By the middle of 1951, River's construction work on the two contracts was over 95% completed. However, the amount of the ultimate loss was still unpredictable because River had contingent claims against the government which might take years of litigation and negotiation. At this point, the four remaining shareholders decided that River should have only a single owner during this "liquidation" period.
To reduce River from four shareholders to one posed significant problems. None of the participants wanted River stock sold to outside interests. In addition, each was contractually bound to the surety company to meet its share of River's losses. Finally, though they wanted only one shareholder, they agreed to share the ultimate burden of River's losses equally.
These considerations were met in the following manner. Morrison-Knudsen Company agreed to pay $125,000 into the corporate surplus of River. Turner, Spencer and Raymond Concrete Pile Company each agreed to transfer its shares to River in exchange for $11,000 in cash and a non-assignable, non-interest-bearing note in the amount of $209,000. Each of the three notes was subordinated to claims of the surety, and each contained the following provision:
3. When and if the aforementioned contract is completed and upon closing of accounts of said contract it shall appear that such stock, exclusive of good will, tax credits and other similar intangibles, is worth less than $220,000 [the total purchase price to Turner and Spencer], based on its original capitalization less losses on said lock contracts and pipe line contract, plus $125,000 [the amount of Morrison-Knudsen's contribution], then and in that event this note shall be reduced by a sum represented by the difference between its then so determined true worth and $220,000. (Emphasis added.)
The $220,000 purchase price amounted to $44 per share. This figure allegedly was determined by rough calculations based on River's current balance sheet and its anticipated total loss. When final payment on the notes was finally made to Turner and Spencer in 1957, it was found that all payments had totaled only $118,134.27, or $23.63 per share, to each company. The taxpayers vigorously contend that $44 per share was nevertheless a fair and reasonable estimate of River's value in 1951, and that only a disappointing realization on the contingent claims against the government prevented a larger recovery. But Judge Levet pointed out in his opinion evident miscalculations which produced a liberal estimate of River's worth. Given taxpayers' disproportionately low recovery on the notes, we infer that $44 was agreed upon because it was a "safe" price. In other words, it presented a maximum amount per share which the parties anticipated in 1951 could finally be realized by River on the project.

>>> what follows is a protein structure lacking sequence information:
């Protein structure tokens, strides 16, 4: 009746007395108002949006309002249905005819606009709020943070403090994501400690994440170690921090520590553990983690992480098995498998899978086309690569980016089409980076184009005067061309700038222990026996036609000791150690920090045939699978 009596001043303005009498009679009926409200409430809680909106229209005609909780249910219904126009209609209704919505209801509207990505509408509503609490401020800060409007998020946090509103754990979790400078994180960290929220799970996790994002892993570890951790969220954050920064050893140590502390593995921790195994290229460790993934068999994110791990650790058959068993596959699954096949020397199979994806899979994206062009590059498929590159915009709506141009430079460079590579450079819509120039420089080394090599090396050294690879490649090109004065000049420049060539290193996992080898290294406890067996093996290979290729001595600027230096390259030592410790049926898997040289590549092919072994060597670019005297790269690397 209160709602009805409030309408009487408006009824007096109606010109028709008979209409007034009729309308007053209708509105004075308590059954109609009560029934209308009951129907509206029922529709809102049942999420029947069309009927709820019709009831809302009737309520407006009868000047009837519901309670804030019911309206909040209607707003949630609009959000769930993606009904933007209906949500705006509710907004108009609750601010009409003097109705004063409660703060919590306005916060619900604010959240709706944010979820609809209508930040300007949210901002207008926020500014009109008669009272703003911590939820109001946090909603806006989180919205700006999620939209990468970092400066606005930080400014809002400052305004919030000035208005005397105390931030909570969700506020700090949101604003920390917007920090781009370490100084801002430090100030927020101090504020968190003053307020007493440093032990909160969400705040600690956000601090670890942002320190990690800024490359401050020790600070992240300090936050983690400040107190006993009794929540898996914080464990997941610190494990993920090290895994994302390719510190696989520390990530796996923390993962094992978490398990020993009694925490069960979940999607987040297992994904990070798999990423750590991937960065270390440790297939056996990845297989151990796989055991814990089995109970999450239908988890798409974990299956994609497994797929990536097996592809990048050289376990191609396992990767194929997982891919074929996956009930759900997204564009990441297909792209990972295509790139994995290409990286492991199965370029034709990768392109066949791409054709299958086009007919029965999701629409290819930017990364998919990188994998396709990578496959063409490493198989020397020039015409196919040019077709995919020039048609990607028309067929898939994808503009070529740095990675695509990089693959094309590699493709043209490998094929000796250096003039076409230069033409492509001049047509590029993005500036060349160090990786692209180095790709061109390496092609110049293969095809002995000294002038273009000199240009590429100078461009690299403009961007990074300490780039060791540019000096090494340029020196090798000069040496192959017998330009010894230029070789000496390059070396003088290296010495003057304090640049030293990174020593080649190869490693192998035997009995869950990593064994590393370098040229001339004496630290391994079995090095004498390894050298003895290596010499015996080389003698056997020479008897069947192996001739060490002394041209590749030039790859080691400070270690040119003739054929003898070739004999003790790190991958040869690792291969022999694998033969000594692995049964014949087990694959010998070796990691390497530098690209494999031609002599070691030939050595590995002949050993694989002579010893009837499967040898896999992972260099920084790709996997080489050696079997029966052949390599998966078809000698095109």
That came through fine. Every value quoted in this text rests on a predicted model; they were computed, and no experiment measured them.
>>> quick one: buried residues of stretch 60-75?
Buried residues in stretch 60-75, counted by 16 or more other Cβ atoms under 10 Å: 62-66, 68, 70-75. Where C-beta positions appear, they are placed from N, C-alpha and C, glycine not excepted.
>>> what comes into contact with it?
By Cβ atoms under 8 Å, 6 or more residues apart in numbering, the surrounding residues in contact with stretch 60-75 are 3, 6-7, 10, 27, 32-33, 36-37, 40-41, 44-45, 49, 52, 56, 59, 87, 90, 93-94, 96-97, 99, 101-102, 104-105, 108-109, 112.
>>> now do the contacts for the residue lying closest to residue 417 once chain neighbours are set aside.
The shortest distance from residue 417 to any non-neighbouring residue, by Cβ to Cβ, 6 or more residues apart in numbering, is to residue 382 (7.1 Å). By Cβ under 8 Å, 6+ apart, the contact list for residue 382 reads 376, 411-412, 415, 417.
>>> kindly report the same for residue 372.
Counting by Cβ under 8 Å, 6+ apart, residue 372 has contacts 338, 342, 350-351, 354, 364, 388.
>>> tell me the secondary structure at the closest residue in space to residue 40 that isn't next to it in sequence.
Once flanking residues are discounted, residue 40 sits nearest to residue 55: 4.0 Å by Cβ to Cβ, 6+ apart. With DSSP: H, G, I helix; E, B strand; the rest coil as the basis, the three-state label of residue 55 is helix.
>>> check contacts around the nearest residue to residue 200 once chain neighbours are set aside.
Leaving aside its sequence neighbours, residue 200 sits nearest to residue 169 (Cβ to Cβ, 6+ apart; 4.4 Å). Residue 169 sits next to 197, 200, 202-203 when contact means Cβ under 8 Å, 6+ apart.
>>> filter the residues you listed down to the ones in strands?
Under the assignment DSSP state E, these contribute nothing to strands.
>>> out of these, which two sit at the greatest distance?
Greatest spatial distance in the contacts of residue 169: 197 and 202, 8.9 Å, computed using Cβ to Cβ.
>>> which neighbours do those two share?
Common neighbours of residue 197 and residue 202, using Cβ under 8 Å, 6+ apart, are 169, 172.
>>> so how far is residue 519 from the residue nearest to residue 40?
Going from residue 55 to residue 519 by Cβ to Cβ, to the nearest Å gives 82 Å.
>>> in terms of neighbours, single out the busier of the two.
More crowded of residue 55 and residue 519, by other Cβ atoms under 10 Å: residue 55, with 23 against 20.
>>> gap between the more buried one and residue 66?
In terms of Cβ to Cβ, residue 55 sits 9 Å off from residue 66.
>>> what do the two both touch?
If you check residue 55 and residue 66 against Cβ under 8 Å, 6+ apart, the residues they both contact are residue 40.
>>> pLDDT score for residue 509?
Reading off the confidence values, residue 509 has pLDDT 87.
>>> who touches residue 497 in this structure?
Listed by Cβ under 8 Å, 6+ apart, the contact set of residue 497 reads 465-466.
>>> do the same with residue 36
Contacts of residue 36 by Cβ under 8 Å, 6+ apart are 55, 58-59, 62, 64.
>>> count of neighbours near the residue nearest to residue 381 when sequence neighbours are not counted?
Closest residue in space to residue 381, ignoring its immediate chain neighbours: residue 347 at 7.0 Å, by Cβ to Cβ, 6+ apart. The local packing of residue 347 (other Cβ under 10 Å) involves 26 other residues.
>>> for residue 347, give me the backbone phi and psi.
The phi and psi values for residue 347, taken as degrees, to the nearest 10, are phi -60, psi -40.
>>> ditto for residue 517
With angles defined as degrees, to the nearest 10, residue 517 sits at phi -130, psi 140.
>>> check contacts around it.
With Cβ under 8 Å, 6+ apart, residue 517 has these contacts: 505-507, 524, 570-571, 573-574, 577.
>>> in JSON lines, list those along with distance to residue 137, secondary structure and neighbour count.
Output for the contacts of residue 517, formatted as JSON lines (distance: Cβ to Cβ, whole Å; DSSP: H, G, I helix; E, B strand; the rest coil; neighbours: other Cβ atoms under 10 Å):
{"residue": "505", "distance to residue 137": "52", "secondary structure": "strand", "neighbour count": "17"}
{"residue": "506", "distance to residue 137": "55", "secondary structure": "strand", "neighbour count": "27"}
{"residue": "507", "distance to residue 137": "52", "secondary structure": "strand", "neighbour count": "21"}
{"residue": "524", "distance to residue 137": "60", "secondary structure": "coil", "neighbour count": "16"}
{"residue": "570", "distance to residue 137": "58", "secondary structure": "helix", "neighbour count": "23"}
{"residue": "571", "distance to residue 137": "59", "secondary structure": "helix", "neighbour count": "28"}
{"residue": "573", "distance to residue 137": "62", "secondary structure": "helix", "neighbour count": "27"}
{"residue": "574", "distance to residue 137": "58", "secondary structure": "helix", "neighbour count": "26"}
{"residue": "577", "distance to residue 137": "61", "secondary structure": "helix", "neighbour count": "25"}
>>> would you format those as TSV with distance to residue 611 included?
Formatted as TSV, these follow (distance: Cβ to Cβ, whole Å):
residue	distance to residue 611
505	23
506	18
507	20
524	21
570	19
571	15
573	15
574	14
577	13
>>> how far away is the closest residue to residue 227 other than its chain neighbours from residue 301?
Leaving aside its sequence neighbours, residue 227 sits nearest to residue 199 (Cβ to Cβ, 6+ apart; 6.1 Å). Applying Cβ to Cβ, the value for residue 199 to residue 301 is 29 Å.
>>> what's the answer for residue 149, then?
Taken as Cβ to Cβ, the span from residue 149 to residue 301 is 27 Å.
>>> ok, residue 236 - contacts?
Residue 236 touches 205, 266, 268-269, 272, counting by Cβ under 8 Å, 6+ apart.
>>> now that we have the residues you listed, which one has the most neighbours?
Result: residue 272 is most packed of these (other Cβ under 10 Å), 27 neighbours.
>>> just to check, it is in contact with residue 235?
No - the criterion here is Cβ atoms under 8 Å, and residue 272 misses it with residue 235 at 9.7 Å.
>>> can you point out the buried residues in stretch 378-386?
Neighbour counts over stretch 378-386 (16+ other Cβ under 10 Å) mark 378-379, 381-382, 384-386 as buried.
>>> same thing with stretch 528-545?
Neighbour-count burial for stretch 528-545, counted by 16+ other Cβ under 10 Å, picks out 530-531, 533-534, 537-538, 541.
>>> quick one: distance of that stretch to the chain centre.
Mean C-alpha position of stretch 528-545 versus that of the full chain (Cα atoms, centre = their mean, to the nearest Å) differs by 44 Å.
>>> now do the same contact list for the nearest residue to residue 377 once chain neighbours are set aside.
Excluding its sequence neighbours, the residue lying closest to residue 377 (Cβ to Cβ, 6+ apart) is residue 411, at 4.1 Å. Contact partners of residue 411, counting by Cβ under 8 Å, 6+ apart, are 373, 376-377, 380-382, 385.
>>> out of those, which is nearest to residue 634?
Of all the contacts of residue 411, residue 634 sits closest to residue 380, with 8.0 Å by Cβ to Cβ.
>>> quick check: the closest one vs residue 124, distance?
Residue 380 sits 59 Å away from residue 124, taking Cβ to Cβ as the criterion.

These transactions provided a number of possible benefits to the participants. Morrison-Knudsen, by becoming sole parent of River, no doubt hoped to utilize more fully River's large net operating loss carryover. Turner and Spencer, by exchanging their River stock for cash and a note, not only profited from the $125,000 paid by Morrison-Knudsen into River but also hoped to realize some of their loss on the River venture so as to offset 1951 income.*fn4 On the other hand, the ultimate risk of loss remained evenly distributed among all six of the original shareholders, and the surety company retained satisfactory protection.
This appeal raises only the question whether Turner and Spencer properly declared as a loss in 1951 the difference between the $220,000 "paid" for their stock and their original investments of $500,000. The government argues that the loss was properly disallowed for four reasons: (1) the sales were fictitious and therefore no losses were realized in 1951; (2) the transactions were not adequately closed and completed in 1951; (3) the amounts of the losses were not sufficiently ascertainable in 1951; and (4) taxpayers' "sales" to River were in fact parts of a tax-free recapitalization. Judge Levet agreed with the first three contentions and disallowed the losses in the 1951 tax years of Turner and Spencer. We agree that in 1951 the losses were neither sufficiently ascertainable nor properly evidenced by a closed transaction.
Under Section 23(f), now Section 165 of the Internal Revenue Code of 1954, a deduction was allowed "in the case of a corporation, [for] losses sustained during the taxable year and not compensated for by insurance or otherwise." For help in resolving a specific problem, we look to Treasury Regulation 111, § 29.23(e)-1 (1939), which provides that to qualify as a deduction a loss "must be evidenced by closed and completed transactions, fixed by identifiable events, bona fide and actually sustained during the taxable period for which allowed." In accordance with these principles, Turner and Spencer must each establish that its loss was "realized * * * by a sale," Weiss v. Wiener, 279 U.S. 333, 335, 49 S. Ct. 337, 73 L. Ed. 720 (1929); that the sale was a completed transaction in 1951, see Burnet v. Logan, 283 U.S. 404, 413, 51 S. Ct. 550, 75 L. Ed. 1143 (1931); and that the exact amount of the loss was in 1951 "so reasonably certain in fact and ascertainable in amount as to justify [its] deduction" at that time, Lucas v. American Code Co., 280 U.S. 445, 449, 50 S. Ct. 202, 203, 74 L. Ed. 538 (1930).